A new report from Finadium takes a fresh look at the securities lending agent business model and finds three scenarios for future evolution. Agent lenders for beneficial owners, including pension plans and fund complexes, have built robust businesses based on their deep experience in the financing markets and relationships with counterparties. A regulatory, technological and operational infrastructure now exists around agency lending that was hard to image twenty years ago. Even so, securities lending is in the middle of substantial change. In order to remain successful franchises, agent lenders must evolve to meet market demands. Financial markets are built on innovation and agency securities lending is no exception.
This report is a fresh look at the agency lending business model and an examination of three scenarios for its evolution. The scenarios are based on several market assumptions: a decreased demand for general collateral; the emergence but not market takeover of central clearing in securities lending; and continued regulation that brings increasing transparency to securities lending and related transactions. There is no scenario in which the need for securities finance transactions disappears; the vital questions are what shape does this need take and how is the need met.
The major new change coming to lending is that the cost of doing business is rising due to regulation for both lenders and borrowers. If general collateral (GC) loans are currently made at 11 bps, the same loan with the full cost of indemnification included may be closer to 21 bps. Will prime brokers pay 21 bps for the same loan they get for 11 bps today? They will pass these costs on to hedge funds with an incremental mark up. Will hedge funds pay 29 bps for a trade they do today at 19 bps? While a 10 bps difference may seem trivial, the answer depends on the fund. An activist fund betting on a multi-percentage stock price movement may not care. A fund trading for earnings of only 20 or 30 basis points will be deeply affected. Indications so far are that securities loans may not be the most efficient channel for hedge funds to meet their need for downside economic exposure.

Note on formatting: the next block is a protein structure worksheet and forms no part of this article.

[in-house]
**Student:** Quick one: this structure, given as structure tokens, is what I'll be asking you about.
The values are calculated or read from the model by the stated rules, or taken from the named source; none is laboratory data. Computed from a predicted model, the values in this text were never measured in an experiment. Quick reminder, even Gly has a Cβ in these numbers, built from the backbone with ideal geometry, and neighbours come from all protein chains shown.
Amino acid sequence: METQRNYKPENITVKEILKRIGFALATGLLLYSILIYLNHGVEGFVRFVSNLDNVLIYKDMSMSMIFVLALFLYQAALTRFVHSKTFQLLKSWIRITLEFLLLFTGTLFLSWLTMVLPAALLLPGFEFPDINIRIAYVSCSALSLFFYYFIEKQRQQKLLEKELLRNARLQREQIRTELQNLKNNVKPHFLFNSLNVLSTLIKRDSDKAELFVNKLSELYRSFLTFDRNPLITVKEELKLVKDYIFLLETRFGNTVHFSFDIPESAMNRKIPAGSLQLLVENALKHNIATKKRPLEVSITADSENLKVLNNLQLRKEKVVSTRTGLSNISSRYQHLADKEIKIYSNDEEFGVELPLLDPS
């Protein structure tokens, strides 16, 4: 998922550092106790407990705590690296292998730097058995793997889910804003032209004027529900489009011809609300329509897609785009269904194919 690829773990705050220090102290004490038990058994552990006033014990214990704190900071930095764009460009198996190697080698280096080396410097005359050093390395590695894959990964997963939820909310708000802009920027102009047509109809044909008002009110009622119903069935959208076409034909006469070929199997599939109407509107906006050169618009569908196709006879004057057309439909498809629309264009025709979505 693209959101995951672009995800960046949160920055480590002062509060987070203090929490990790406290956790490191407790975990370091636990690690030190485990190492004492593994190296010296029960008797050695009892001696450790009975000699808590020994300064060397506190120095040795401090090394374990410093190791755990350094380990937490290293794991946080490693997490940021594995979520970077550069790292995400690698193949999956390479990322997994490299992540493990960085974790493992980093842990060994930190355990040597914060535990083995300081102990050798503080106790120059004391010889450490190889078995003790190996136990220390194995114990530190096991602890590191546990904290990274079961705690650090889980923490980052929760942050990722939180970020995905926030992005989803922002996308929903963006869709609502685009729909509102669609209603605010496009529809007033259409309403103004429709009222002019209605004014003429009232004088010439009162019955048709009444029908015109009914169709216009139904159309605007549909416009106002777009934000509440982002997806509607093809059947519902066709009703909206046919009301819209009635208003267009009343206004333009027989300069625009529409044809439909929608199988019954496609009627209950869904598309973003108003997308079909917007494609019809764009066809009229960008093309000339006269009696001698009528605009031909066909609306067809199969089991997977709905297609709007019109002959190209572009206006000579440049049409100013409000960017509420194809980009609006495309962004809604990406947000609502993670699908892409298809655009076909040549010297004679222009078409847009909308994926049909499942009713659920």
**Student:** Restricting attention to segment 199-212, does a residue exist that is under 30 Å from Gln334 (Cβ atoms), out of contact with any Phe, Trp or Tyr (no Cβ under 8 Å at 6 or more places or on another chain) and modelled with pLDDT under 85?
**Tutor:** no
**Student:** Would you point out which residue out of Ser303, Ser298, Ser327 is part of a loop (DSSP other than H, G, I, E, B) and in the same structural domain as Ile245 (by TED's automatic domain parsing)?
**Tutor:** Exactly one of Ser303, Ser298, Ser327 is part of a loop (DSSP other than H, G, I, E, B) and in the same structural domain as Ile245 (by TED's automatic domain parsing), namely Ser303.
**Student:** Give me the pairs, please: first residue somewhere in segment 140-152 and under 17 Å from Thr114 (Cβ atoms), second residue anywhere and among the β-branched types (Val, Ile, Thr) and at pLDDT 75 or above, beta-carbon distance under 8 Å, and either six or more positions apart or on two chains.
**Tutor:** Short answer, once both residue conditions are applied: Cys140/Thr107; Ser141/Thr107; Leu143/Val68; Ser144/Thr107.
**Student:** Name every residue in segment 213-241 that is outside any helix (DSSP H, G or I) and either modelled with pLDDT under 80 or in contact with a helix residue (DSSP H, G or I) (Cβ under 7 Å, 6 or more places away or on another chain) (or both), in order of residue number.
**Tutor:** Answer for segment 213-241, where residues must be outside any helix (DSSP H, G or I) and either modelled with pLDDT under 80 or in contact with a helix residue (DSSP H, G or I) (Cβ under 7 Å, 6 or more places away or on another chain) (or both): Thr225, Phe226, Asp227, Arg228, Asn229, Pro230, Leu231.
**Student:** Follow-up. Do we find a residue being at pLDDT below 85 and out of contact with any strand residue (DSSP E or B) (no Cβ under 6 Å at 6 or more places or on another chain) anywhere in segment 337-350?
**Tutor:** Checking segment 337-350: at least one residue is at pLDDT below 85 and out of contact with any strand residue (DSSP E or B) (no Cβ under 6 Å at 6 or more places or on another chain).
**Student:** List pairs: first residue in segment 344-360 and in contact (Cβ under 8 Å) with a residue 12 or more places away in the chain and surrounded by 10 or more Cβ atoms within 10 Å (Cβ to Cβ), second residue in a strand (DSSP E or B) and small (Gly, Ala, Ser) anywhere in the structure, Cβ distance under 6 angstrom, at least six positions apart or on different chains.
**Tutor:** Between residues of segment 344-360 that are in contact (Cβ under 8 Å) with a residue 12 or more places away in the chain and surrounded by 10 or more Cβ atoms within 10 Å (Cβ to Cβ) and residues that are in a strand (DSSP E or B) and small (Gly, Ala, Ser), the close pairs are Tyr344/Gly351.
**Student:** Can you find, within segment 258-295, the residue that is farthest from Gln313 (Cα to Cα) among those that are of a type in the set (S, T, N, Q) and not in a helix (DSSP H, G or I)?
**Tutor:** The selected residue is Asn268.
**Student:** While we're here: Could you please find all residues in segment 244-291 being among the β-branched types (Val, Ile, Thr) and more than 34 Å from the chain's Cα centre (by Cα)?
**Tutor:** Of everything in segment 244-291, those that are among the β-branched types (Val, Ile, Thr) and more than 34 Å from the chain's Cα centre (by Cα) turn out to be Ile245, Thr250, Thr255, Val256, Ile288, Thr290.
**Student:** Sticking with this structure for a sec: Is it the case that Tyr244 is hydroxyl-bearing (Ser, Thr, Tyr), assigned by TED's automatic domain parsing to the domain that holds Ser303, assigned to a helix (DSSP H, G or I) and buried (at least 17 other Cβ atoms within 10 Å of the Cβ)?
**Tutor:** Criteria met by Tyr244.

This report is not a review of securities lendingʼs challenges but rather a look at its future. Our starting point is that securities lending does face obstacles, but market participants boast strong global franchises and substantial financial markets expertise. Its greatest difficulties are competition from other products that may offer cheaper or easier access for end-consumers. The demand for securities financing and short market exposure will exist long into the future. The question is not whether there is a need for securities financing, but rather in what ways is securities lending the most efficient means of meeting that need.
This report has been written for agent lenders, their beneficial owner clients and regulators looking at the evolution of the important market function of securities lending. For agent lenders, the report offers ideas for how internal organizations may adapt their business units to suit emerging market needs and regulatory requirements.
Beneficial owners may better understand the current dynamics of their agent lender partners and how they may expect their own business arrangements to change. The report may also encourage beneficial owners to consider proactive updates to their own lending programs in expectation of future market changes.
Regulators looking at securities lending will gain insights to how lending may evolve over the next two years, with implications for how regulations are considered going forward.
For more information on this report and to read the Table of Contents, please visit the Finadium website.